Gupta: President Donald Trump’s harshly-worded concern about China’s growing international influence and domestic economic practices is not a surprise. Candidate Trump had campaigned on an unabashedly anti-trade platform, with China listed as a key economic violator and three of seven points of the centerpiece of his economic plan to rebuild the American economy and “Make America Great Again” were in fact outright protectionist initiatives that were aimed at China. During his first year in office, he gave his mainstream economic advisors and cabinet officials, such as Gary Cohn and Steven Mnuchin, the benefit of doubt with regard to managing China policy and reducing the huge trade imbalance between the two countries. With little progress to show on this trade deficit reduction front as well as in terms of prizing the huge Chinese market open to accelerated US exports, President Trump has effectively pivoted towards his more hardline and nationalist advisers, such as USTR Robert Lighthizer and Peter Navarro. Their punitive and protectionist-minded views, which aim to unilaterally punish China for its alleged economic aggression and IPR theft, is now effectively becoming the Trump Administration’s policy. Lighthizer in fact had an outsize role during the drafting of the National Security Strategy (NSS) document, which is unusual because USTR’s typically have a marginal say in a document that is primarily confined to geo-strategic and security considerations. Besides, these unilateralist views instinctively accord with Trump’s own philosophy about Asia’s supposedly mercantilist practices and the harmful role of trade deficits.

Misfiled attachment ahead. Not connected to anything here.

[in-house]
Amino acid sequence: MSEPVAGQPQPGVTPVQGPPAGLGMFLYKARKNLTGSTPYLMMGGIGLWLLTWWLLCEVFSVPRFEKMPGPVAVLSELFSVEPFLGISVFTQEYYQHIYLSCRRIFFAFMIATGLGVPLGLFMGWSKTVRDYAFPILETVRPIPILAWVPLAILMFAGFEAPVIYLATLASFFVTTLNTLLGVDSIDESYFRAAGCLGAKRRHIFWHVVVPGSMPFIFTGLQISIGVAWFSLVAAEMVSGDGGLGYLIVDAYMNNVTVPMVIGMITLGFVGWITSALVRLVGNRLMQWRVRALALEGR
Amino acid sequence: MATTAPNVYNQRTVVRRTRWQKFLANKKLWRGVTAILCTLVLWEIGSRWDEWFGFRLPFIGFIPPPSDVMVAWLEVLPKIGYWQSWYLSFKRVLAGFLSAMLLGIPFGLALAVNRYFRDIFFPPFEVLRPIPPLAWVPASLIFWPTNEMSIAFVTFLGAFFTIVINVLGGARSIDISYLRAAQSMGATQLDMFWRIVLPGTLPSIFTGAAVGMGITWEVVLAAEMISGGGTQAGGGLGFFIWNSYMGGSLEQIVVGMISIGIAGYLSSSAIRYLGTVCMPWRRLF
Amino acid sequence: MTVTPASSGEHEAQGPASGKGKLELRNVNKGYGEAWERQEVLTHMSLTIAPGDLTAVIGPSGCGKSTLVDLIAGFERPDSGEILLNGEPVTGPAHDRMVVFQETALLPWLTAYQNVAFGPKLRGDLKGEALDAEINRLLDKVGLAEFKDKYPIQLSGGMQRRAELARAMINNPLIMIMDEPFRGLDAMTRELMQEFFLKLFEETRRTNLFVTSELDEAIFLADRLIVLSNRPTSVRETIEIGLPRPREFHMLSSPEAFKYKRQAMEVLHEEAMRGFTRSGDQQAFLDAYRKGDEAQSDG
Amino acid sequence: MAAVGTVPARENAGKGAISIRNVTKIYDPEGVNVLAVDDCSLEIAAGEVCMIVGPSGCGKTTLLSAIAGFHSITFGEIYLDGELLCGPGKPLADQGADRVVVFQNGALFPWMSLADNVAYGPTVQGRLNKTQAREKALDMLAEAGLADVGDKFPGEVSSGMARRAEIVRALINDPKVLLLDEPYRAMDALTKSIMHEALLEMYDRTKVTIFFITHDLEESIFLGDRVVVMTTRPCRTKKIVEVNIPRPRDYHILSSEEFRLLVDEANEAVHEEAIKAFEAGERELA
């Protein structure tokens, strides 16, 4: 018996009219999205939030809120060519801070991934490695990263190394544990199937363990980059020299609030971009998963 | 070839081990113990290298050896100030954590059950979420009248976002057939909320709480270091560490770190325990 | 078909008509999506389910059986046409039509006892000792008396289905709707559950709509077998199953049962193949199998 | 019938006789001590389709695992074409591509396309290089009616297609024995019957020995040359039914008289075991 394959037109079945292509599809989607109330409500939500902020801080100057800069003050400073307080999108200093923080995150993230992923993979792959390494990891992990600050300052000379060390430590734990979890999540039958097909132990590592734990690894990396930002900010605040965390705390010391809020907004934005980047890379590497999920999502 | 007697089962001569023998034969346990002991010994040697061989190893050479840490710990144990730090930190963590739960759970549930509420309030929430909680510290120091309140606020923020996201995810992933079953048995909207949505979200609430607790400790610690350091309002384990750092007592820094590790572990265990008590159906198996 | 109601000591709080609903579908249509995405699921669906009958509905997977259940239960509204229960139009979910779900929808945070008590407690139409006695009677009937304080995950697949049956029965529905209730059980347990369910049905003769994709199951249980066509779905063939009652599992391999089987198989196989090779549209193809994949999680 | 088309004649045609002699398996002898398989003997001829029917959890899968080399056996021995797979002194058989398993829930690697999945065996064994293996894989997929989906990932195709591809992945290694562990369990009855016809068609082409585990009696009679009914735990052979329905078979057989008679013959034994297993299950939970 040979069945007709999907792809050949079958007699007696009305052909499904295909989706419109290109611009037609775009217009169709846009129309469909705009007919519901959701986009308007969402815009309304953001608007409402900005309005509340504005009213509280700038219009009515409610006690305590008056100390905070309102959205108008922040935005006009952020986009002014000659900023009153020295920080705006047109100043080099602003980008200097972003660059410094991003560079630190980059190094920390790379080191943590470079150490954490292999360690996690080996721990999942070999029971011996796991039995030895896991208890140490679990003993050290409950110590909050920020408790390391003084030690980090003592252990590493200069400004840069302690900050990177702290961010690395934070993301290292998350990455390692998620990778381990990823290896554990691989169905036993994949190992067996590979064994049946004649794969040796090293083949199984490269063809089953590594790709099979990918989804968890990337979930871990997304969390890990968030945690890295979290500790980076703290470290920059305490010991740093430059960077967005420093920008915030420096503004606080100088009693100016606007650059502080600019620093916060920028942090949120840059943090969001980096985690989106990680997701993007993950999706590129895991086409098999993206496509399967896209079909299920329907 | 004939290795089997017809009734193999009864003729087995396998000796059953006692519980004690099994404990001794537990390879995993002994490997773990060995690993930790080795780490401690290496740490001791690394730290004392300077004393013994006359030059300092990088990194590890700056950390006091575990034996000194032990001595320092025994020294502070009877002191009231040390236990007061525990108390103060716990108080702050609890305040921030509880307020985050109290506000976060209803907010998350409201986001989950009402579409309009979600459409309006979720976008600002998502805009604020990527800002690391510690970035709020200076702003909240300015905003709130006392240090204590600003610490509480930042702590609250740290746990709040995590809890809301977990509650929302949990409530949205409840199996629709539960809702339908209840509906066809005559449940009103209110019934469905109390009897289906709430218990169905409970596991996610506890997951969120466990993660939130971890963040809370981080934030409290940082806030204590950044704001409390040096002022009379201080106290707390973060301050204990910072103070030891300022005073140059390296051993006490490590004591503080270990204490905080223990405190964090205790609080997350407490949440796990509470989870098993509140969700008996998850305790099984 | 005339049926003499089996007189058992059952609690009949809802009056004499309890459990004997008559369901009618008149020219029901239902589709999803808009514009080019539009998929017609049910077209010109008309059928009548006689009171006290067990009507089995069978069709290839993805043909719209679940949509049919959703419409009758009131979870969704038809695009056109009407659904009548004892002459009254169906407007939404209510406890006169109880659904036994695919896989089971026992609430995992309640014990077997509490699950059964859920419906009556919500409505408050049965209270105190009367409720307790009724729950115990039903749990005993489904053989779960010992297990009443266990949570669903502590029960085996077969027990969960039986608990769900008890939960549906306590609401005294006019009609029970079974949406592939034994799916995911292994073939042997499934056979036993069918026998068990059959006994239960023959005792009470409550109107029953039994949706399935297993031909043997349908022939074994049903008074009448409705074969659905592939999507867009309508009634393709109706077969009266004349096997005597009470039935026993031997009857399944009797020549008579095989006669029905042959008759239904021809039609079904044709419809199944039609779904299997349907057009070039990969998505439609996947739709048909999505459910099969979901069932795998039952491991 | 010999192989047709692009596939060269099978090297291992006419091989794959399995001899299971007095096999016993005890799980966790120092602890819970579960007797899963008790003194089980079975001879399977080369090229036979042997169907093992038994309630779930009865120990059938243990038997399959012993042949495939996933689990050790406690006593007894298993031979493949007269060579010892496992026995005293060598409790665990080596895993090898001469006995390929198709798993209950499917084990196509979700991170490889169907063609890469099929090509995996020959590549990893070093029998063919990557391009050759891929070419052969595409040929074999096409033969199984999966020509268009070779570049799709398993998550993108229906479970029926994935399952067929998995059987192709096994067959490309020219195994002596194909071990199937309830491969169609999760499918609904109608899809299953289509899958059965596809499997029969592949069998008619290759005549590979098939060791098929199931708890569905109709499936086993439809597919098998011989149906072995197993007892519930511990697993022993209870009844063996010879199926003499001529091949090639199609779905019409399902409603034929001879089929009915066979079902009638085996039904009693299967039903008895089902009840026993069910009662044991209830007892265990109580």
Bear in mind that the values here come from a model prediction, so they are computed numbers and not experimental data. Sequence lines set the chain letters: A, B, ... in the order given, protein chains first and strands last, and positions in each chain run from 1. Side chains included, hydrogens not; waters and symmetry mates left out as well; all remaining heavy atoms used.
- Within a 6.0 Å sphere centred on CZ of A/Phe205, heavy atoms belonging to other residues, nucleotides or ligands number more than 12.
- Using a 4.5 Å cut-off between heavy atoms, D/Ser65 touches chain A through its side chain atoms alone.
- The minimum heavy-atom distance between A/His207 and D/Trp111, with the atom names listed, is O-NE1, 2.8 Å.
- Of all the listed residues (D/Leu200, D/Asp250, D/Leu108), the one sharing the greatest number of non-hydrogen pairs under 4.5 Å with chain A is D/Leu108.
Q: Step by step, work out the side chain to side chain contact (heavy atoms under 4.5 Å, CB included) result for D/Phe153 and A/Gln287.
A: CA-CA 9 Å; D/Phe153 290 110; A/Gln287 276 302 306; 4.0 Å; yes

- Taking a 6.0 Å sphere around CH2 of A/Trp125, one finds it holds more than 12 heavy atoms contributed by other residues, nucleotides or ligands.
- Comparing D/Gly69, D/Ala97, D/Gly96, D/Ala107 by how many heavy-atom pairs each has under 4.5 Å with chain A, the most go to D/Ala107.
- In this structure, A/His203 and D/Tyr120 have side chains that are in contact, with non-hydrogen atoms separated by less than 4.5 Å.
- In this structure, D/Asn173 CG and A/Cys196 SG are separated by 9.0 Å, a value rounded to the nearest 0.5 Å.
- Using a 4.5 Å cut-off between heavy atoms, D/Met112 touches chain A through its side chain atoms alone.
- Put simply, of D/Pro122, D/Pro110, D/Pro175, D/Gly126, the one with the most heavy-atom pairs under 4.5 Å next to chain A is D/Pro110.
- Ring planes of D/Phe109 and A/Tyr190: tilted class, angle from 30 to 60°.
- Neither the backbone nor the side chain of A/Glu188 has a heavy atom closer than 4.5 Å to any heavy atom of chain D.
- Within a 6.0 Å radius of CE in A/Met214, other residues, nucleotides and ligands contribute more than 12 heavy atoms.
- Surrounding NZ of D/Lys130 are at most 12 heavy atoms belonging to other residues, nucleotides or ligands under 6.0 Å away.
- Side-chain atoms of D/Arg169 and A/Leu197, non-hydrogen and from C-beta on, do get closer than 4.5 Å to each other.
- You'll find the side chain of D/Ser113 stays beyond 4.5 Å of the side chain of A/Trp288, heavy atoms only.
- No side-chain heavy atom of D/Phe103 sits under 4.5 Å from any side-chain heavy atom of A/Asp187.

Tasnim: Some believe that the US has succeeded in maintaining an appropriate balance between free markets and government control, enabling its economy to grow steadily and remain at top of the world. Do you believe that China has the necessary infrastructures and long-term plan to compete with the other powers and secure its place as the world’s largest economy?